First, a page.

When recruiting volunteers, practice “cultivation”.

Just as you would nurture seeds and plants in a garden to ensure maximum growth, so you must nurture potential volunteers.  This means that a “one time ask” might not be sufficient to encourage someone to commit to a project.  You may need to invite them to events at your agency, introduce them to other volunteers and talk with them over a period of time to help them feel comfortable.  It is worth the time!

Be aware of language and terminology.

Many adults who are technically “senior citizens” resist the idea of being called a “senior citizen”.  Some people, particularly those not born in the U.S.,  don’t identify as “baby boomers” despite the fact that they fall within that age bracket.  For some, the word “volunteer” has a pejorative meaning, especially if they perceive volunteers as not being valued and respected.  Language is a very sensitive topic and it is wise to be aware of words that might offend your target audience.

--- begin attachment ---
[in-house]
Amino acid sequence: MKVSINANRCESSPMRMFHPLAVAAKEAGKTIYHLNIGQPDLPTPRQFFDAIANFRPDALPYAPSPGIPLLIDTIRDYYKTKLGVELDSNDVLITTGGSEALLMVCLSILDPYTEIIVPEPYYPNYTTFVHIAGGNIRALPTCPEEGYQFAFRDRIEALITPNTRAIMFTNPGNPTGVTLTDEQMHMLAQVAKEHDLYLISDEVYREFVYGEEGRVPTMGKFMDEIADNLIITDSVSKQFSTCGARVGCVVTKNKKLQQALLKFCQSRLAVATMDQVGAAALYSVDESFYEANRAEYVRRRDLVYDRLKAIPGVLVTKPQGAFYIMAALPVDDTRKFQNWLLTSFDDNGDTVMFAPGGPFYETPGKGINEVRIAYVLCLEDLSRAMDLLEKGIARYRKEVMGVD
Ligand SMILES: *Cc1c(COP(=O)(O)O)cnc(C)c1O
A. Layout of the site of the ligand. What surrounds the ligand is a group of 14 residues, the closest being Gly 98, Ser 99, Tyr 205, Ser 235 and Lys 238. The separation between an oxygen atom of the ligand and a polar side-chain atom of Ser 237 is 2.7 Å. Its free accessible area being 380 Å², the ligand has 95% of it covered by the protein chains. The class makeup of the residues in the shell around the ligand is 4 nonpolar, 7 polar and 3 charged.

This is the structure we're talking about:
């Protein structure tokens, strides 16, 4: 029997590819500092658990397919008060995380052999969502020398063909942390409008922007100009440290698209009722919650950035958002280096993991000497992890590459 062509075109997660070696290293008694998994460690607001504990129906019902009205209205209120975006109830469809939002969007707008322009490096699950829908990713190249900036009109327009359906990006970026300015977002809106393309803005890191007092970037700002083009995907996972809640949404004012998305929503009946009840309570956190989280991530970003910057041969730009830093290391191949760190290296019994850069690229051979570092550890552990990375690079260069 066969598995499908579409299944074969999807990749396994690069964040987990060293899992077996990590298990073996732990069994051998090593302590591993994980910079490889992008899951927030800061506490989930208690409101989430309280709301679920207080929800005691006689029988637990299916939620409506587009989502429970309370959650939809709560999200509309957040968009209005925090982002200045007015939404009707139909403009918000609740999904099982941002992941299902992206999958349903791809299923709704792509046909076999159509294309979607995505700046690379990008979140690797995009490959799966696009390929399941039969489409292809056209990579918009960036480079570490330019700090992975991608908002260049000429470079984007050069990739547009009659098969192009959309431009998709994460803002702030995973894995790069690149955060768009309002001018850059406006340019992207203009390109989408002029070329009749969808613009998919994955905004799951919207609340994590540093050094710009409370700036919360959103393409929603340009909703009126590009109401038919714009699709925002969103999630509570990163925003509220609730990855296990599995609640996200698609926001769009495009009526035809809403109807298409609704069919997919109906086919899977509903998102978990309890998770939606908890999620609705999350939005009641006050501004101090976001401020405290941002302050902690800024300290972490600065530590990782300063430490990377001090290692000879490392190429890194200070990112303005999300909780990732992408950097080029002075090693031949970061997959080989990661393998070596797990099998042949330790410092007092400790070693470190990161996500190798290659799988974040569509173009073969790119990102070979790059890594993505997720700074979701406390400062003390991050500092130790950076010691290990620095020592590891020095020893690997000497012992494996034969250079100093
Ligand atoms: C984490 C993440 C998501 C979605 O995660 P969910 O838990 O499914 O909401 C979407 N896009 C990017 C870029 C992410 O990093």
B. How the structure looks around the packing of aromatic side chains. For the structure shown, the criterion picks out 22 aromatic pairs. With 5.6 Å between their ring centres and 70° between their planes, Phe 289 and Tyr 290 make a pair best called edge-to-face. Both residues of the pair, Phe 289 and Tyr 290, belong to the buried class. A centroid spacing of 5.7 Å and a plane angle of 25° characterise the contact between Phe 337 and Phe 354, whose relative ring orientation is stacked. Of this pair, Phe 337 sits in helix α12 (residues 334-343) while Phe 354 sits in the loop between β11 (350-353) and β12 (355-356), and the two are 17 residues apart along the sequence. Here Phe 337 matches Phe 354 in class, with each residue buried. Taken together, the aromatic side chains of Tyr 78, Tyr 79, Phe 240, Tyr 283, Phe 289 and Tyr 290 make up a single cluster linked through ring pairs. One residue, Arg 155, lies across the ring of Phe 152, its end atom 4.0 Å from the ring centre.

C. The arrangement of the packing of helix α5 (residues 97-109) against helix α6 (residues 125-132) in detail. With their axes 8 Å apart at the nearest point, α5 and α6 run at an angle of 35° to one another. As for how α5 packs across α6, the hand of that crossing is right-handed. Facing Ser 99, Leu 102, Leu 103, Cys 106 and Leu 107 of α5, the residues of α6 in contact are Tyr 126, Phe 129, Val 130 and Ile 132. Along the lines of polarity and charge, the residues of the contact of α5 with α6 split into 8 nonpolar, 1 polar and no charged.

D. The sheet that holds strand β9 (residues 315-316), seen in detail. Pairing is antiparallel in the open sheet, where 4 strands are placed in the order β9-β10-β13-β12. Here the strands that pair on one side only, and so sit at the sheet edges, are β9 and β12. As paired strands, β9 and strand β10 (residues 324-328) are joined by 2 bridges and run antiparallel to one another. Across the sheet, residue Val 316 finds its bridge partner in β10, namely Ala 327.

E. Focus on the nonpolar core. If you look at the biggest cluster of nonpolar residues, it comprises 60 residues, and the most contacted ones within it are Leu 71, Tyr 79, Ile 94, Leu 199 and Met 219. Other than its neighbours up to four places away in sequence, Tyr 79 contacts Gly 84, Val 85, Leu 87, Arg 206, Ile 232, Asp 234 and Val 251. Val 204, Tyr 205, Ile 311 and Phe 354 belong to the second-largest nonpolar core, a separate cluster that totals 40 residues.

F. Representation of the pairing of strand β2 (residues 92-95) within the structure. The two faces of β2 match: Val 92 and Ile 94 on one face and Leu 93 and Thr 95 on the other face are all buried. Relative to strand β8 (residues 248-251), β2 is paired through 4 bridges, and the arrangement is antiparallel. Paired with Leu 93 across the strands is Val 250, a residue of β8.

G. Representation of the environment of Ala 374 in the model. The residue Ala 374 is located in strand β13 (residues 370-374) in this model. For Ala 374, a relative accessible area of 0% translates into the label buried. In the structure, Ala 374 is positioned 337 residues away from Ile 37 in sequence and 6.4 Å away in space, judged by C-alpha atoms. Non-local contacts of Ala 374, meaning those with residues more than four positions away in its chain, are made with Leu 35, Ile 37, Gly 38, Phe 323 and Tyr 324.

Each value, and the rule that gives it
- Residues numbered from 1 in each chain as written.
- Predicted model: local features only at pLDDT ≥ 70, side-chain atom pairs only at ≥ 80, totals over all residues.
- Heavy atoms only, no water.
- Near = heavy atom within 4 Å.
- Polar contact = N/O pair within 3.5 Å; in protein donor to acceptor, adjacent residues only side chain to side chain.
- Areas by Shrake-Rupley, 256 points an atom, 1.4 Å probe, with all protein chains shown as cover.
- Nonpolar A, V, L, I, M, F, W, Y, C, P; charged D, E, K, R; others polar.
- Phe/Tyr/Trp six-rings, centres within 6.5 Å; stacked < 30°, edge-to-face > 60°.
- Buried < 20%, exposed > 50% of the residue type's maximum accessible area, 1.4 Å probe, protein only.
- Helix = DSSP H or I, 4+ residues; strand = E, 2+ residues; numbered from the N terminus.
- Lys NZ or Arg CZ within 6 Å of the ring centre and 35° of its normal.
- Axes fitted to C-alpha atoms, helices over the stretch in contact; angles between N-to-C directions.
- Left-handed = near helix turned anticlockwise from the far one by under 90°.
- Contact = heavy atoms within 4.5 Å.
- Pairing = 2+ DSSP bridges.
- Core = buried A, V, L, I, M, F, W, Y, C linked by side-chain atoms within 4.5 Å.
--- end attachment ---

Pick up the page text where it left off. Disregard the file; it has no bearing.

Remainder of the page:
Word of Mouth Works!

Remember-word of mouth is your best recruiter.  People are most likely to volunteer when they are asked by someone they know.

Use social networking as a recruitment strategy.

Your agency website or Facebook page, even a Twitter account are all effective ways of getting the word out about your opportunities-even for those of baby boomer age who are far more tech savvy than they are often given credit for.  Going virtual is certainly more cost-effective than creating paper fliers and brochures and can help you reach a wider audience.